Interview With One Of The Grand Daughter Whom Her Family invented Thr Quality Street ” Mackintosh ” – مقابلة مع احدى حفيدات صانعي كاكاو ماكنتوش
The star of reality show Made In Chelsea on being an exhibitionist, getting bullied at boarding school and why she isn’t as wealthy as people think she is
I’m a total exhibitionist.
When I signed up for Made In Chelsea, I was concerned that my family would object to some of my wild antics. But they couldn’t have been more supportive. My grandfather rang me up after one episode and congratulated me on how well I’d done when I stripped down to my underwear and brandished a whip.
My family invented Quality Street.
I’m so proud of my toffee connections. Before my great-great-grandparents came along, toffees were more like boiled sweets. In the 1890s my great-great-grandmother invented a new recipe that made for a much tastier and chewier sweet. Her husband successfully marketed them under the Mackintosh name and he became known as the Toffee King of England. His sons went on to invent Quality Street, Caramac and Toffee Crisp, treats that became part of the fabric of our lives. Every time I see a family buying a box of Quality Street for Christmas, it makes me think that my ancestors are responsible for that. The penny-shaped toffee in the yellow wrapper was always my favourite.
Success is always the best form of revenge.
As a kid I was such an ugly duckling, and that made me very unpopular at school. I had braces and glasses, and the other girls nicknamed me Sparrow Legs. They would smear Marmite in my hair and Vaseline on my face. One time someone tried to break my nose. This went on for three years. I was at boarding school, so I was effectively trapped. I so much wanted recognition from the people who were mean to me. Now that I’m a success, it feels like payback for the girls who made my life a misery.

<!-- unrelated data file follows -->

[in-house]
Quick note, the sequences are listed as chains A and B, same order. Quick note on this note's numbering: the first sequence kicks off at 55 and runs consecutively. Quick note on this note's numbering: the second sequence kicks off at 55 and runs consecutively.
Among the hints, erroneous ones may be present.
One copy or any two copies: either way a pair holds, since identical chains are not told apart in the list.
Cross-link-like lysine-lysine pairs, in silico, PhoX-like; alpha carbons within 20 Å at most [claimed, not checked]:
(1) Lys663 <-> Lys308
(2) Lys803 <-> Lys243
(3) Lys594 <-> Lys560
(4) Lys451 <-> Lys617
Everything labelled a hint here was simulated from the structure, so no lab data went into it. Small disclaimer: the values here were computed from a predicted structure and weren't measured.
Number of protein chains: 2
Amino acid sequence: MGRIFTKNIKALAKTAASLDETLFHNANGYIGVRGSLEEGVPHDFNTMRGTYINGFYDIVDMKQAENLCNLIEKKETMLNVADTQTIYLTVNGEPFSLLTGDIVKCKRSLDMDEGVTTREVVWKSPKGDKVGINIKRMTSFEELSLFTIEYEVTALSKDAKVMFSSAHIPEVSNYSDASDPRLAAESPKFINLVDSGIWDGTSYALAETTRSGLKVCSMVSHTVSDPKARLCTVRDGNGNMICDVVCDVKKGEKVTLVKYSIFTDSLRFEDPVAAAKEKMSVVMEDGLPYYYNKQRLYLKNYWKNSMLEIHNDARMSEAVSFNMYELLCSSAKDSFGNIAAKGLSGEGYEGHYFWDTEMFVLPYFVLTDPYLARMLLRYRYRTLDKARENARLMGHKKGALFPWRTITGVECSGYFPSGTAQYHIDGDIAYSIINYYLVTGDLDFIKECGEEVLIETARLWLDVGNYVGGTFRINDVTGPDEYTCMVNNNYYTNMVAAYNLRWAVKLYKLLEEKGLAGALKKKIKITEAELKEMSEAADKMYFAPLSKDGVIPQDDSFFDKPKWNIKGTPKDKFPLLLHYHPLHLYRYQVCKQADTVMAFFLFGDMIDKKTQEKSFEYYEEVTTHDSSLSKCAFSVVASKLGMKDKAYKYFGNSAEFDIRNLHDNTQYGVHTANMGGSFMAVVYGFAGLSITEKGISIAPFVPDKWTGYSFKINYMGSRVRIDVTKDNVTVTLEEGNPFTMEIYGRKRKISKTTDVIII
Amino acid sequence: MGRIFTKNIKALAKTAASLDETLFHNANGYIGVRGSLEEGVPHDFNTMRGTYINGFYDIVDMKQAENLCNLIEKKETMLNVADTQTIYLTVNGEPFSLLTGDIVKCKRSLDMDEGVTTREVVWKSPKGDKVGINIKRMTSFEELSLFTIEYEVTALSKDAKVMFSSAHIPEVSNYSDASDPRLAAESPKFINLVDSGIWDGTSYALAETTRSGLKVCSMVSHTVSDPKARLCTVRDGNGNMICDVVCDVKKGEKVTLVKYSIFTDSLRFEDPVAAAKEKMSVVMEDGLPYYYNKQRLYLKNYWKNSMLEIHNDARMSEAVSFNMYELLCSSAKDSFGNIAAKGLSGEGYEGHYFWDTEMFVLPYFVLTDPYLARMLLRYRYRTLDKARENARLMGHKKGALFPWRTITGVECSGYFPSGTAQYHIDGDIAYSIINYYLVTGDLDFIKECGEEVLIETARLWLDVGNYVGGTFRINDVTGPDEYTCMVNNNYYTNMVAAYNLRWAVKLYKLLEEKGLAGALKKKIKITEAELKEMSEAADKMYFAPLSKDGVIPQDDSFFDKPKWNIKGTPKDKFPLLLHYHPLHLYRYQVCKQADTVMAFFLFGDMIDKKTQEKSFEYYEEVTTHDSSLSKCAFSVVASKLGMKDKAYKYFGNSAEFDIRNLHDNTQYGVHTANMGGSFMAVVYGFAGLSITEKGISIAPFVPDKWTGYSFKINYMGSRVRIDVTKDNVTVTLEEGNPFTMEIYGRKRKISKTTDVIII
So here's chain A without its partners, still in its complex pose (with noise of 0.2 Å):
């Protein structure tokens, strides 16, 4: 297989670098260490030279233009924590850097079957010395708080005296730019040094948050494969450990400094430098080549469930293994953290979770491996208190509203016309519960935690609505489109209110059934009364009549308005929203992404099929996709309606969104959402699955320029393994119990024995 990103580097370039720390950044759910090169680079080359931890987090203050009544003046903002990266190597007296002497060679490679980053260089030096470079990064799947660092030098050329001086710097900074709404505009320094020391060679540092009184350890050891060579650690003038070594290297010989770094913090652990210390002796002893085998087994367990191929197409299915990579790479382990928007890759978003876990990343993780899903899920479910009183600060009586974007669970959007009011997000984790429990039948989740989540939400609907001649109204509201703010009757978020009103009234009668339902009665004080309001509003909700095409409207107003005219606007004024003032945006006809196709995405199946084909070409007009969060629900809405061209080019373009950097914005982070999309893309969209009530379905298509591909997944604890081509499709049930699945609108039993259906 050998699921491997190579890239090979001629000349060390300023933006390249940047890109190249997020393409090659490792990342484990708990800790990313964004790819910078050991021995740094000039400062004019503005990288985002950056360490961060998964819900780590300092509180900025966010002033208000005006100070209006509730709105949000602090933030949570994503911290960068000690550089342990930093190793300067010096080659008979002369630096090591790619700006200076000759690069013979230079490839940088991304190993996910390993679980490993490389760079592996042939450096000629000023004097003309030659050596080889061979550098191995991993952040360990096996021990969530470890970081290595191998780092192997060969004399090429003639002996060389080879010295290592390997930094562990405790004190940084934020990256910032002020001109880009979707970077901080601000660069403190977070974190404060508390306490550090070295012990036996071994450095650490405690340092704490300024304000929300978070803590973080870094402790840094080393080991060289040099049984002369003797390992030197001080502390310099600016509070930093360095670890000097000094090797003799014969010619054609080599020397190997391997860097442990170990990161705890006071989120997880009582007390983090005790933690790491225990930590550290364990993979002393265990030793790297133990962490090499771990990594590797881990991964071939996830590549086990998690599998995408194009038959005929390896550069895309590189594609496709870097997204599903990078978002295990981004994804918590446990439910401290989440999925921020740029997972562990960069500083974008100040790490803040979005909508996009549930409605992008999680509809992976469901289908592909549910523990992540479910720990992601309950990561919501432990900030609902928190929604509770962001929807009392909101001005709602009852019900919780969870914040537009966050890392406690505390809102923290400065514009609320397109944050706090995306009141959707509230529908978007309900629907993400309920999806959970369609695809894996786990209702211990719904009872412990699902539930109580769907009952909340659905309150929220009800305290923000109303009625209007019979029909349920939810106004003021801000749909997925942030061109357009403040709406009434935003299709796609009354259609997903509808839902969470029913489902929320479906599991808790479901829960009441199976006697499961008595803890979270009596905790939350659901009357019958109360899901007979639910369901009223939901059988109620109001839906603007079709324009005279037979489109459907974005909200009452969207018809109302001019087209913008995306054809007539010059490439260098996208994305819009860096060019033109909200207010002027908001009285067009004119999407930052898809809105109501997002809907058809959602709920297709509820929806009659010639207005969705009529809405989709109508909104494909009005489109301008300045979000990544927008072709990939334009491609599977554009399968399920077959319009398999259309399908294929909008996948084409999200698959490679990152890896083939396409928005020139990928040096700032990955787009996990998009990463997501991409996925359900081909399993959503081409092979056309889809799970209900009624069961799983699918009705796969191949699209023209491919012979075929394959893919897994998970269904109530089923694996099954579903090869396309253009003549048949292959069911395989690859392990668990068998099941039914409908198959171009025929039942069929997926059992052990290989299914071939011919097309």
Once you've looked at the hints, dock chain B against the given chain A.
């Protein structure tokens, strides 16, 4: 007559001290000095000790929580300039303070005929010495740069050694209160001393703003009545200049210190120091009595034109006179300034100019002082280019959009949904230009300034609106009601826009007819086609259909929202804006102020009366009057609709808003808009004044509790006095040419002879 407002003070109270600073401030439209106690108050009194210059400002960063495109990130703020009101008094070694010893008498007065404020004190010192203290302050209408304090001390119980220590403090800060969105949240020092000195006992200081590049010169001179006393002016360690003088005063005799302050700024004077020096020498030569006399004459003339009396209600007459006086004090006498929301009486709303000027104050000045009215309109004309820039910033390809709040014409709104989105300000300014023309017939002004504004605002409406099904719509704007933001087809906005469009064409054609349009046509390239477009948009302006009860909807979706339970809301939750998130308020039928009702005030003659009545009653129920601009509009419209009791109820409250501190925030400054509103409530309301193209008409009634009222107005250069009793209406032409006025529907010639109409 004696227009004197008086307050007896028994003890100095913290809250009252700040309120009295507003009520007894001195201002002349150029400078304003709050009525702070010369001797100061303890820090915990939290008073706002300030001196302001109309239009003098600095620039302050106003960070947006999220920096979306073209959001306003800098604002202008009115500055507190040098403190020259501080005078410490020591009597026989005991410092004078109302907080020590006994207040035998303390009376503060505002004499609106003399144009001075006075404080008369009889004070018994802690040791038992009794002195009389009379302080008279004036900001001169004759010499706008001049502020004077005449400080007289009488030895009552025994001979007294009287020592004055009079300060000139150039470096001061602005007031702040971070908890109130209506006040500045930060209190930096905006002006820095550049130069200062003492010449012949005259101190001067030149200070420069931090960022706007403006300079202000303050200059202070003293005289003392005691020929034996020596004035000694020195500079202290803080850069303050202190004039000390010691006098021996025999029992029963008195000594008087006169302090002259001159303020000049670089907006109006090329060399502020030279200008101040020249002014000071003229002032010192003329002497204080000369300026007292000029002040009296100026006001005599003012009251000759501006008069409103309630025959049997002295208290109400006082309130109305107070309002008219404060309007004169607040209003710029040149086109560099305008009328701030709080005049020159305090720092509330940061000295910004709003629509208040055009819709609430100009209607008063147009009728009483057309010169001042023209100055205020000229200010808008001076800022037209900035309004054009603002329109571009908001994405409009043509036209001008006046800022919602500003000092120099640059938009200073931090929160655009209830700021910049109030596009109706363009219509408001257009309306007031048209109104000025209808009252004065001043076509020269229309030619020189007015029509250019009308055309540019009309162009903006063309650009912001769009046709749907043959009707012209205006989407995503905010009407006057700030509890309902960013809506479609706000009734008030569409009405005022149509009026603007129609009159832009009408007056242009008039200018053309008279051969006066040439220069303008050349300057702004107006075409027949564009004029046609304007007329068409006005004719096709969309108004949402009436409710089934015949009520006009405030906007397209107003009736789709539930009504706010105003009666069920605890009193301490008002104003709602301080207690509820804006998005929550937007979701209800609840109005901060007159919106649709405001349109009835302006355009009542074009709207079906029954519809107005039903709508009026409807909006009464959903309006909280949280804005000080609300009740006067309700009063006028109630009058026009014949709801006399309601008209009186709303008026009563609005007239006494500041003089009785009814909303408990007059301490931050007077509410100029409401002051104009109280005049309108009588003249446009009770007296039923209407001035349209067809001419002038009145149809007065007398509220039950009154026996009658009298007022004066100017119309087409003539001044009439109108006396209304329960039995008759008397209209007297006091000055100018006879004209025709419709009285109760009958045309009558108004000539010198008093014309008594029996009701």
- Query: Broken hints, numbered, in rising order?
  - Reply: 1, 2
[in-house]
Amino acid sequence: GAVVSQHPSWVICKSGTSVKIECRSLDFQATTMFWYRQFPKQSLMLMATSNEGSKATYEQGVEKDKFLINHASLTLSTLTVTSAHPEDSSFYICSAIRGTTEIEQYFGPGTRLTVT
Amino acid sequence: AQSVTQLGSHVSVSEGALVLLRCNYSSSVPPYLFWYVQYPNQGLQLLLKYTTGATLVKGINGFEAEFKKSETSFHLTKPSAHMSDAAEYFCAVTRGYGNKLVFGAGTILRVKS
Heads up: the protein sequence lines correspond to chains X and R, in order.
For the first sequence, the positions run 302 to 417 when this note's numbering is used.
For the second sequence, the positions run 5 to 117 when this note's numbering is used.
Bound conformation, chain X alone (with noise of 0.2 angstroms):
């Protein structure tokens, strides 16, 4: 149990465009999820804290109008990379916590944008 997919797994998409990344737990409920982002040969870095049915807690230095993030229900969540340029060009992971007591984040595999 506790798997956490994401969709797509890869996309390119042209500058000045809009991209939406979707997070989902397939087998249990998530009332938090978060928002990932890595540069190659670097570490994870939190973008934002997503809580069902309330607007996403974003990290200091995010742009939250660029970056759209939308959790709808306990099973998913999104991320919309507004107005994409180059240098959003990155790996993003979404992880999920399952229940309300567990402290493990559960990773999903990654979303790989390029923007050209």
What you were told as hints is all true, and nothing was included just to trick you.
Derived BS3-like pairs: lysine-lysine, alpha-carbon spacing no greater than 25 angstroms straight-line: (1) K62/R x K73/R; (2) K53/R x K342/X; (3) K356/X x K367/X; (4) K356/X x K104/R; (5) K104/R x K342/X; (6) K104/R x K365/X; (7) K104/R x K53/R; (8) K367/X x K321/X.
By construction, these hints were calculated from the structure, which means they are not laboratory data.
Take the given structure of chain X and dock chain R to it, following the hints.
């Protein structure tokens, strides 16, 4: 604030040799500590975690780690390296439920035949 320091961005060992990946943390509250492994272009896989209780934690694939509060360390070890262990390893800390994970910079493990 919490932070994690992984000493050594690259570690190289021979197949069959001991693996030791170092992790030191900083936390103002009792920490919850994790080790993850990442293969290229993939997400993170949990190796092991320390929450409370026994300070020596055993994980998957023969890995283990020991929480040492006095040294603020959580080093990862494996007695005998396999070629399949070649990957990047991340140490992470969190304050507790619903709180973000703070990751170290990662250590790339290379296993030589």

People severely overestimate how wealthy I am.
I’m routinely referred to as the heir to the Quality Street fortune. As though I hit 21 and inherited millions. If only. It’s not as if I get a cut every time someone eats a toffee. My family sold the business years ago. I’m comfortable, but I don’t live a flash life. I don’t have a Bentley or a chauffeur. Unlike Bernie Ecclestone’s daughters, my dad isn’t about to buy me a multimillion-pound flat. My parents helped me out with rent when I first moved to London but I’ve been completely self-sufficient for the past two years.
TV success has forced me to develop a thick skin.
People get very emotional about Made In Chelsea and some of the comments on the social-network sites can be fairly scathing. One of my co-stars, Louise Thompson, even received death threats after being caught cheating on her boyfriend in the show. I’ve not had anything as extreme as that, but I’ve been on the end of some harsh comments. People say some very sick, twisted things. But I’ve learnt to let criticism wash over me. If I didn’t, I’d go mad.
When I go off, I go off big time.